Mar 28, 2012

Ceremony Readings

Choosing our readings was my favorite part of planning our ceremony, although it was tough- there's so much great wisdom in the Bible that it was hard to narrow down just two passages to share with a group of people who most likely never pick the book up. If I had my way, there'd be like eight readings (and an audience that actually pays attention).

We used the collection of standard Catholic readings, and did one Old Testament reading, something that would appear in the Torah to represent Mr. B's Jewish heritage, and one New Testament reading to rep my Catholic heritage. 

I wanted to avoid the beautiful but overused 1 Corinthians, so I decided to hunt down a reading that would explain the type of lifestyle Mr. B and I would strive to live with each other and within our community. I had options from Hebrews, Colossians, Phillippians, but we finally settled on Romans 12:9-18, text below:
Let love be sincere;
hate what is evil,
hold on to what is good;
love one another with mutual affection;
anticipate one another in showing honor.
Do not grow slack in zeal,
be fervent in spirit,
serve the Lord.
Rejoice in hope,
endure in affliction,
persevere in prayer.
Contribute to the needs of the holy ones,
exercise hospitality.
Bless those who persecute you,
bless and do not curse them.
Rejoice with those who rejoice,
weep with those who weep.
Have the same regard for one another;
do not be haughty but associate with the lowly;
do not be wise in your own estimation.
Do not repay anyone evil for evil;
be concerned for what is noble in the sight of all.
If possible, on your part, live at peace with all.
Mr. B made the final call on our Old Testament reading, and chose the classic Genesis 2:18-24:
The Lord God said: “It is not good for the man to be alone.
I will make a suitable partner for him.”
So the Lord God formed out of the ground
various wild animals and various birds of the air,
and he brought them to the man to see what he would call them;
whatever the man called each of them would be its name.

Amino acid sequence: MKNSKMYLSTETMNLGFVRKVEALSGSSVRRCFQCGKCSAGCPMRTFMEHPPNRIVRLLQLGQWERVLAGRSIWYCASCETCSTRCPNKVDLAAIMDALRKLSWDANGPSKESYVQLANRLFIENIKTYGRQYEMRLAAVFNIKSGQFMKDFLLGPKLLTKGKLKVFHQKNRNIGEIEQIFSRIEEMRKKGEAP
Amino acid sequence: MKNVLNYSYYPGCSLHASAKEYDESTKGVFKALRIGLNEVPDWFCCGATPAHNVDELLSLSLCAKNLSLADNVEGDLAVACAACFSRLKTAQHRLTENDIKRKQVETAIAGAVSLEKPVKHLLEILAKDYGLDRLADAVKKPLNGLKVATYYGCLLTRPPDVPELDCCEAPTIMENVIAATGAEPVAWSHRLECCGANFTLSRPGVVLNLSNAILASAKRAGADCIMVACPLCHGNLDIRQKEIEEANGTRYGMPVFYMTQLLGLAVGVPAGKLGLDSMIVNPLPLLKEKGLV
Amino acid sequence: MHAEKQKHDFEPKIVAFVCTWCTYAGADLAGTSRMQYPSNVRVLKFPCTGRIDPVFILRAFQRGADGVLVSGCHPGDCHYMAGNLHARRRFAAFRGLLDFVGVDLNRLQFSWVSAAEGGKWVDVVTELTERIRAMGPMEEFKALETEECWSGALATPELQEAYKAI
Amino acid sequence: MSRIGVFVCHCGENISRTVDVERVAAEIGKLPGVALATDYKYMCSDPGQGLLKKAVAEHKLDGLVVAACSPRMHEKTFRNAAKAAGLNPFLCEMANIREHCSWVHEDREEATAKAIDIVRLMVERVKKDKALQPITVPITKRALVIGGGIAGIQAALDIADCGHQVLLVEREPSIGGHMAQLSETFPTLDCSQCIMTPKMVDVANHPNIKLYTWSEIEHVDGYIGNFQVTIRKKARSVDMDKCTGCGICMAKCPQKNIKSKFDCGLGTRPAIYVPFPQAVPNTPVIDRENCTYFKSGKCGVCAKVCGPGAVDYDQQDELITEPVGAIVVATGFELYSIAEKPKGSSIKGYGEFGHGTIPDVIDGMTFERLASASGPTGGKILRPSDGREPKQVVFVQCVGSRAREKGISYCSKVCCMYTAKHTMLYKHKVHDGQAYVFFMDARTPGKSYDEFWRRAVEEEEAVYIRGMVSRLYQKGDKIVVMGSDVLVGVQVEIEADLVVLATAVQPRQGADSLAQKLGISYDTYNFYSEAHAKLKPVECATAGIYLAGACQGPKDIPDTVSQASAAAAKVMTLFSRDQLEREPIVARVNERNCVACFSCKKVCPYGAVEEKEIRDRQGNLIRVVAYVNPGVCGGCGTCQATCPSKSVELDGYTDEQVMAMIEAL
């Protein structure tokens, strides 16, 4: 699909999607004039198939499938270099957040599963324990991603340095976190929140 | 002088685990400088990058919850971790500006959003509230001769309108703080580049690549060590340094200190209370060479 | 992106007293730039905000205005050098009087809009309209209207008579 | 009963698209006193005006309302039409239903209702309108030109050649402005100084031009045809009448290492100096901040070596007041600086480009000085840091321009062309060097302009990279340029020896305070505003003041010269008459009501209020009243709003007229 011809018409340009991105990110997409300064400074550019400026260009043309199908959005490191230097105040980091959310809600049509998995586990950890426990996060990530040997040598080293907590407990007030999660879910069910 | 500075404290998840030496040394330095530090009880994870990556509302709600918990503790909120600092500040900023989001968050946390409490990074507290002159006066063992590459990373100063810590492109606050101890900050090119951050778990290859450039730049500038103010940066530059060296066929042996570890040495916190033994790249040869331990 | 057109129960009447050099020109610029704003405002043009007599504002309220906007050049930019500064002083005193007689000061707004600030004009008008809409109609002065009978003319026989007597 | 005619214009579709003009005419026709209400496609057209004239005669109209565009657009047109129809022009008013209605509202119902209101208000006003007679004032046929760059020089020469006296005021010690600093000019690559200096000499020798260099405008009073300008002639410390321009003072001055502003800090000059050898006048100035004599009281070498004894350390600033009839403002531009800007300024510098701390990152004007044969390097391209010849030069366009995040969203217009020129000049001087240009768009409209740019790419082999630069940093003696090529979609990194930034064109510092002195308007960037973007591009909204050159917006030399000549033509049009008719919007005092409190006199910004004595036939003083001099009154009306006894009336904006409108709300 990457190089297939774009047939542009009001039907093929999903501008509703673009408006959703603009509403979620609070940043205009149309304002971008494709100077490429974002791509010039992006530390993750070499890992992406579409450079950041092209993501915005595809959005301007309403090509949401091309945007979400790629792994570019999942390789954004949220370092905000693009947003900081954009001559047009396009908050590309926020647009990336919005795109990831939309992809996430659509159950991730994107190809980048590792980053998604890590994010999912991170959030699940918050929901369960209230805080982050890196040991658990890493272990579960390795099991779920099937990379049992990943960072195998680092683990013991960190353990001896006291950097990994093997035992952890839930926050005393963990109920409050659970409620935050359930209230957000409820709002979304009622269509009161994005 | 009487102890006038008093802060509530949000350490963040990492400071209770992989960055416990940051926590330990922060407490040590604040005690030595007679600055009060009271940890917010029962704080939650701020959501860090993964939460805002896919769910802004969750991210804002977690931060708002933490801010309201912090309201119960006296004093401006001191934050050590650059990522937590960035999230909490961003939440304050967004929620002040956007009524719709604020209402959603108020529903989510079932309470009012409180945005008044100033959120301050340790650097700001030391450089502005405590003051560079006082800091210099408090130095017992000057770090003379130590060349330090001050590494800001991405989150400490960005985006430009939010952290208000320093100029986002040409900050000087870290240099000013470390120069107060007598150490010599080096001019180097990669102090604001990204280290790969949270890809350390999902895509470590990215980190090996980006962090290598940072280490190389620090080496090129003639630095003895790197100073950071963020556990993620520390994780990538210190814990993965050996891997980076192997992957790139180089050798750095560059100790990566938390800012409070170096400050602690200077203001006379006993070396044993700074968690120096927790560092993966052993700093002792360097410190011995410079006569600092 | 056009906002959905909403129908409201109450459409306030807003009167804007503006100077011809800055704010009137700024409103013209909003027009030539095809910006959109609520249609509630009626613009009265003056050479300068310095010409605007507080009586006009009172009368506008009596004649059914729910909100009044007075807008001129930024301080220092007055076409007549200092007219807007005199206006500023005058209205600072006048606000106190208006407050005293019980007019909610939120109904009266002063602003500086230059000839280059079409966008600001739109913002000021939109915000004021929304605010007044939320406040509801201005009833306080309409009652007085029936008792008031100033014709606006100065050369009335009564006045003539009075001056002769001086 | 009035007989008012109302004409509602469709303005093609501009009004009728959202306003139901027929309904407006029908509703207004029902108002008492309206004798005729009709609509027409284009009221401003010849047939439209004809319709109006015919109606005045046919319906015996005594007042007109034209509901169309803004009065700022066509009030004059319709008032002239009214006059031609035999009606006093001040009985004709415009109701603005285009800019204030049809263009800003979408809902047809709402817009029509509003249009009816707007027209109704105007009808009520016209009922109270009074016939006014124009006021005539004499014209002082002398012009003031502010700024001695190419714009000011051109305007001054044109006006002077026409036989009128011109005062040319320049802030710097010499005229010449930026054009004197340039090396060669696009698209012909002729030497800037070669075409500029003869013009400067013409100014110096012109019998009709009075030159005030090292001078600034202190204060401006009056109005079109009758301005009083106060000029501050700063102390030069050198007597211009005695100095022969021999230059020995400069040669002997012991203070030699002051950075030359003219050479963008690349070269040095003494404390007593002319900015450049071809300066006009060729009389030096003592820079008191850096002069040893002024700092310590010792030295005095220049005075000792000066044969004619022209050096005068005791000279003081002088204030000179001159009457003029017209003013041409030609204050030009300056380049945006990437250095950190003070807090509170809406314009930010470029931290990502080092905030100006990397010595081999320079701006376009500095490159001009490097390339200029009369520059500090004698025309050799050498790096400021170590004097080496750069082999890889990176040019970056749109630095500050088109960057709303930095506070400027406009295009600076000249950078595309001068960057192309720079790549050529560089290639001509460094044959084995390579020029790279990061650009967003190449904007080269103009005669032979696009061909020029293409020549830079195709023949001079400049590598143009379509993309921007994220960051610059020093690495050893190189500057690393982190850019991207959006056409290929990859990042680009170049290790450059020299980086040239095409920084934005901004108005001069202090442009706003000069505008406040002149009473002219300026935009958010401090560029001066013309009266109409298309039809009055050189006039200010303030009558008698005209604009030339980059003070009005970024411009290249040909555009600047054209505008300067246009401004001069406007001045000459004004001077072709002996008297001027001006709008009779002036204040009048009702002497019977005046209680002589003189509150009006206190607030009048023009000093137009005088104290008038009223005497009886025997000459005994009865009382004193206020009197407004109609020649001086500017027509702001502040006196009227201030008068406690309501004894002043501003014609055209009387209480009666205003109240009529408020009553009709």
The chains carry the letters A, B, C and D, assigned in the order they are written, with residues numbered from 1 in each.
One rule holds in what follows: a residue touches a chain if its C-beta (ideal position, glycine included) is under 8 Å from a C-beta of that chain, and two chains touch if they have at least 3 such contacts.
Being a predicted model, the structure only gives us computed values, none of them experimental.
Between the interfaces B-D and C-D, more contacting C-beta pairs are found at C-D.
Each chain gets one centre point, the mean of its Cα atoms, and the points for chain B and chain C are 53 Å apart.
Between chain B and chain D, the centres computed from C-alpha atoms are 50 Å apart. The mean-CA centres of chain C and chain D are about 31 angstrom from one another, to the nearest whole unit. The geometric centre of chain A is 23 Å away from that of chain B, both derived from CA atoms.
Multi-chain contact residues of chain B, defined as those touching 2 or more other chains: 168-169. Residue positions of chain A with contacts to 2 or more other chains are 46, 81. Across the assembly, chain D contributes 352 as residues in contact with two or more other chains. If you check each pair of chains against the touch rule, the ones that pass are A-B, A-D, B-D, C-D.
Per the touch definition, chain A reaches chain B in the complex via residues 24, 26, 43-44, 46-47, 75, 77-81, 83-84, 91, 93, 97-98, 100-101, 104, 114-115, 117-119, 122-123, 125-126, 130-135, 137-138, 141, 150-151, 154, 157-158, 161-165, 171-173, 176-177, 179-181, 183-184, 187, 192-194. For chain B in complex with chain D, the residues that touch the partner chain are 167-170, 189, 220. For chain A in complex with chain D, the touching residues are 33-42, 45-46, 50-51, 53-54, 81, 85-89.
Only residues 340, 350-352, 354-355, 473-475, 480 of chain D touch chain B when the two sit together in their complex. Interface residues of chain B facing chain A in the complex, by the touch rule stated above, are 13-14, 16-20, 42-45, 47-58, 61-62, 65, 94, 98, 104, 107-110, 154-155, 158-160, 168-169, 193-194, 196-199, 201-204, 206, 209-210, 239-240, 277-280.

The man gave names to all the cattle,
all the birds of the air, and all the wild animals;
but none proved to be the suitable partner for the man.
So the Lord God cast a deep sleep on the man,
and while he was asleep,
he took out one of his ribs and closed up its place with flesh.
The Lord God then built up into a woman the rib
that he had taken from the man.
When he brought her to the man, the man said:
“This one, at last, is bone of my bones
and flesh of my flesh;
This one shall be called ‘woman,’
for out of ‘her man’ this one has been taken.”
That is why a man leaves his father and mother
and clings to his wife,
and the two of them become one body.
I'm glad he picked this, as the idea of us leaving our families and becoming a unit is a lesson we've been learning firsthand as we settle into living together. I like that the reading is directly applicable to us.

Okay, and I'm including a bonus reading (woo hoo!), this was my favorite from the OT. It's Tobit 8:4-8:
On their wedding night Tobiah arose from bed and said to his wife,
"Sister, get up. Let us pray and beg our Lord
to have mercy on us and to grant us deliverance."
Sarah got up, and they started to pray
and beg that deliverance might be theirs.
They began with these words:
"Blessed are you, O God of our fathers;
praised be your name forever and ever.
Let the heavens and all your creation
praise you forever.
You made Adam and you gave him his wife Eve
to be his help and support;
and from these two the human race descended.
You said, 'It is not good for the man to be alone;
let us make him a partner like himself.'
Now, Lord, you know that I take this wife of mine
not because of lust,
but for a noble purpose.
Call down your mercy on me and on her,
and allow us to live together to a happy old age."
Isn't that what we all want? To live with each other happily until we're old as hell? So nice!

 Did you go secular or traditional with your readings?

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